The Prince George's County school board remained firm last night in its rejection of teacher-contract terms put forward by an independent labor mediator despite urging by County Executive Parris Glendening for a settlement.
Earlier in the day, Glendening held a press conference to encourage the board to end its contract stalemate with the teachers union. He said a continuing stalemate would be "unproductive and cause an air of confrontation" when school opens next week. The union--the Prince George's County Educators Association--has already endorsed the labor mediator's proposals, including one for binding arbitration for dealing with teacher grievances.
Following Glendening's press conference, the union's 200-member representative council unanimously approved plans for a media campaign and a mass rally to pressure school board members at the board's regular meeting on Sept. 1--the day the present teacher contract expires. Union officials said they were not prepared to call for any job action over the contract.
Last night the school board held a special closed session to reconsider its earlier, near-unanimous position against binding arbitration, which the mediator proposed as a tradeoff for the teachers not getting a cost-of-living raise this year.
Schools spokesman Brian J. Porter said after the session that the board "does not believe that binding arbitration is necessary or desirable at this time" and that it "would jeopardize the management of the school system."
Union President Paul Pinsky, reached for comment on the board's decision, said, "We were hoping they'd be reasonable, but it looks like they want a confrontation. It's just that simple. We haven't even talked formally about a strike yet, but it's becoming a hot topic."
He said that based on the response of the teacher representatives yesterday afternoon, he would not sign a contract without binding arbitration. He said 16 of Maryland's 24 jurisdictions have teacher contracts providing for binding arbitration.
Some board members have said that Glendening's entry into the contract dispute last week contributed to the board's rejection on Thursday of a compromise settlement that included the mediator's recommendations.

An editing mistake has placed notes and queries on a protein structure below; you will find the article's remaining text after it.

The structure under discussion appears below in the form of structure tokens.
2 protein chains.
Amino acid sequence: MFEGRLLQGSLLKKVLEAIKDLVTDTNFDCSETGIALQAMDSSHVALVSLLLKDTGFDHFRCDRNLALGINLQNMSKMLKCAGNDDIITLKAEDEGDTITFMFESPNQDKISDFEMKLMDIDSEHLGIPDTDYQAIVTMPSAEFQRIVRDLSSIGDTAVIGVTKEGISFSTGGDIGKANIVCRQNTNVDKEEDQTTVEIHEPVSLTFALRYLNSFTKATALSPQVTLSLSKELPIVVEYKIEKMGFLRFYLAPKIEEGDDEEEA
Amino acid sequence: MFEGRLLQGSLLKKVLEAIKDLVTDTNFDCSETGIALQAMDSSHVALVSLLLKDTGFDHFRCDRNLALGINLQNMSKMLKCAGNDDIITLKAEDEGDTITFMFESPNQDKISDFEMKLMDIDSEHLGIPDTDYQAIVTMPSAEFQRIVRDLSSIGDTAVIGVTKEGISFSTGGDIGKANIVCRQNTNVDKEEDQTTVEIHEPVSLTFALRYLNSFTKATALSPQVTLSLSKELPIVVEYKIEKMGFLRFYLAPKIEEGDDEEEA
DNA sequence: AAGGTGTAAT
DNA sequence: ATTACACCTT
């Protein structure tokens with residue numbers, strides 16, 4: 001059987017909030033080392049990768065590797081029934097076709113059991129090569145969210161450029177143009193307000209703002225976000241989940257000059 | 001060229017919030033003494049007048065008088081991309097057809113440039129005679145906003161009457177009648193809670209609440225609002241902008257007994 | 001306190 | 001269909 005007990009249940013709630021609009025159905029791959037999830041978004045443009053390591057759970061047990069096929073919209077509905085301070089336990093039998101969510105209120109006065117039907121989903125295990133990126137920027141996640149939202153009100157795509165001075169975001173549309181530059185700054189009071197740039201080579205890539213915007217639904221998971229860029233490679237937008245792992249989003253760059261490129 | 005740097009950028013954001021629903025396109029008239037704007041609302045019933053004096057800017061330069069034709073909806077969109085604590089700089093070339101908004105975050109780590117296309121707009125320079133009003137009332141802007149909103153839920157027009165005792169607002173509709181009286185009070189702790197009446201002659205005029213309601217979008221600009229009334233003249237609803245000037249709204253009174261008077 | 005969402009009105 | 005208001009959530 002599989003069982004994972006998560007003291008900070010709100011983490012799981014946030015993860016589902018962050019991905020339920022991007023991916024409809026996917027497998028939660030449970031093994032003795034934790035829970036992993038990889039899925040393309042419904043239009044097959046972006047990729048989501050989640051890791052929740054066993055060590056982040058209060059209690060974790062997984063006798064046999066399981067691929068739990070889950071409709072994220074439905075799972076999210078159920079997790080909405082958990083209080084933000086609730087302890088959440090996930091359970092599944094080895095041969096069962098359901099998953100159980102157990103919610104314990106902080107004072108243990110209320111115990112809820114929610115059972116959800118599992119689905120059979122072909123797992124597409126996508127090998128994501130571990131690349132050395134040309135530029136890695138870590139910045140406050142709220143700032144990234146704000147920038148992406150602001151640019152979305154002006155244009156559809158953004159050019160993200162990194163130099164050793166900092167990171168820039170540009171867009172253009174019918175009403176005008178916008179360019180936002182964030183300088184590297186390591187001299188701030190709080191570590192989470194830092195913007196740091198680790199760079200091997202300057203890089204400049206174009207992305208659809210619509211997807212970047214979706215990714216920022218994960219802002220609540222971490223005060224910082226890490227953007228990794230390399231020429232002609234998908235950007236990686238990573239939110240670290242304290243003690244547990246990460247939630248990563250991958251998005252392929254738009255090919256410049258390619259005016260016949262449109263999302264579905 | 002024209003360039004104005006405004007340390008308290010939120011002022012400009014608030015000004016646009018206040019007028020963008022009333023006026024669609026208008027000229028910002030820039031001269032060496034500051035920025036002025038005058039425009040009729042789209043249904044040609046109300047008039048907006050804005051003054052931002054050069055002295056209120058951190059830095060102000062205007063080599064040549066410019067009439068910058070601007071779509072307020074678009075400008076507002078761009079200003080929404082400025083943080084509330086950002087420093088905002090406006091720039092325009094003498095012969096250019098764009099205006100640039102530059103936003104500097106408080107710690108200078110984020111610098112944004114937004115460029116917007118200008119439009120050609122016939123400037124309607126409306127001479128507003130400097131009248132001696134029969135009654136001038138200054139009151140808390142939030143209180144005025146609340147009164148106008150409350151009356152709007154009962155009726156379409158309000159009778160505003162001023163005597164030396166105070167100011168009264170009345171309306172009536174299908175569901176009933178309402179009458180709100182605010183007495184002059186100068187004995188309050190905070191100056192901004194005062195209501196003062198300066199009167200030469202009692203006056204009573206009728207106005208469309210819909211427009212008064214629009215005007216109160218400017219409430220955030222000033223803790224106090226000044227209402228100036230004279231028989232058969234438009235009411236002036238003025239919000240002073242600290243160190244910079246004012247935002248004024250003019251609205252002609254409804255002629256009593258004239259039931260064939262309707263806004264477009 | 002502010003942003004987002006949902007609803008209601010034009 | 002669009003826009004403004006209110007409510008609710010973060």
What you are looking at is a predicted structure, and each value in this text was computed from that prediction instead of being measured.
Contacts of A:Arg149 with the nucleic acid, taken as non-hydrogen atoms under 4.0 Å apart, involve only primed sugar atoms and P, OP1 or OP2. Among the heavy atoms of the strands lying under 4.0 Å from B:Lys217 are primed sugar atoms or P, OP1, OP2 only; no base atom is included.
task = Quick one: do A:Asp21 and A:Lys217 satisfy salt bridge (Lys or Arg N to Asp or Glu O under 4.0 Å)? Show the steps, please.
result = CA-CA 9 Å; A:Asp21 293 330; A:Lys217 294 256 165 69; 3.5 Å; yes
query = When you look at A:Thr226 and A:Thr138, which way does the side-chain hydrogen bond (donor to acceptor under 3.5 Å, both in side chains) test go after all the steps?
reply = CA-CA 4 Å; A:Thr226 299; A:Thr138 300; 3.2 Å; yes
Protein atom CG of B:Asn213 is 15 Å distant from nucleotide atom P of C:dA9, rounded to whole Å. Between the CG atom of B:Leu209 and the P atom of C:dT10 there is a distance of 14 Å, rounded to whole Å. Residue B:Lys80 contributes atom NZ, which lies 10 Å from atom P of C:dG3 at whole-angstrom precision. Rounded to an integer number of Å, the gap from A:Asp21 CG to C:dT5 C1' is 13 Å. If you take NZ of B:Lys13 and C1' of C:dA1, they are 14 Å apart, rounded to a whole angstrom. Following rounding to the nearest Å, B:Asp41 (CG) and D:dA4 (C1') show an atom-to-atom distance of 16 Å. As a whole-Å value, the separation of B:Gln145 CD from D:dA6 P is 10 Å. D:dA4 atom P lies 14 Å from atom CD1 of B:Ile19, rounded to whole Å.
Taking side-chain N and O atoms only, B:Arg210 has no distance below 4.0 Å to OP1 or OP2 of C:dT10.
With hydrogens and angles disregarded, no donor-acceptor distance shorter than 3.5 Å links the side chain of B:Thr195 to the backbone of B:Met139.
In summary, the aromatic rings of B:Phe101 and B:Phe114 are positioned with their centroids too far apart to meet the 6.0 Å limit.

At his press conference, Glendening said he supported the tradeoff of binding arbitration of grievances in exchange for giving up cost-of-living raises and praised the teachers' willingness to join other county labor groups in forgoing such raises.
"Both sides benefited a little bit," he said. "That's what fair negotiations are all about."
Before last Thursday's contract vote by the board the executive, at the urging of Pinsky, had telephoned several board members and urged them to accept the compromise.
Pinsky said that when he asked Assistant Superintendent Edward Felegy, who helped draw up the rejected settlement, what went wrong, Felegy told him, "You should never have gotten Glendening involved."
Board members said last week that Glendening's intervention was resented and contributed partially to their rejection of binding arbitration.
Glendening, in defending his actions yesterday, pointed out that the school board entreated him for special support in the tight county budget last spring.
"Certainly they asked me to help on funding," Glendening said. "I thought that mutually offered assistance in reaching a solution is appropriate," he added.
The school board has approved contract provisions that would reduce the teacher work year from 189 to 187 days and give a $186 payment to about 2,200 teachers who would otherwise not receive normal longevity increases under the existing contract. The $186 would cover increased costs of medical and other benefits this year.
But the board remains adamant in opposing binding arbitration , seeing it as jeopardizing its right as a body of elected officials to manage the school system by surrendering power to a third-party labor arbitrator.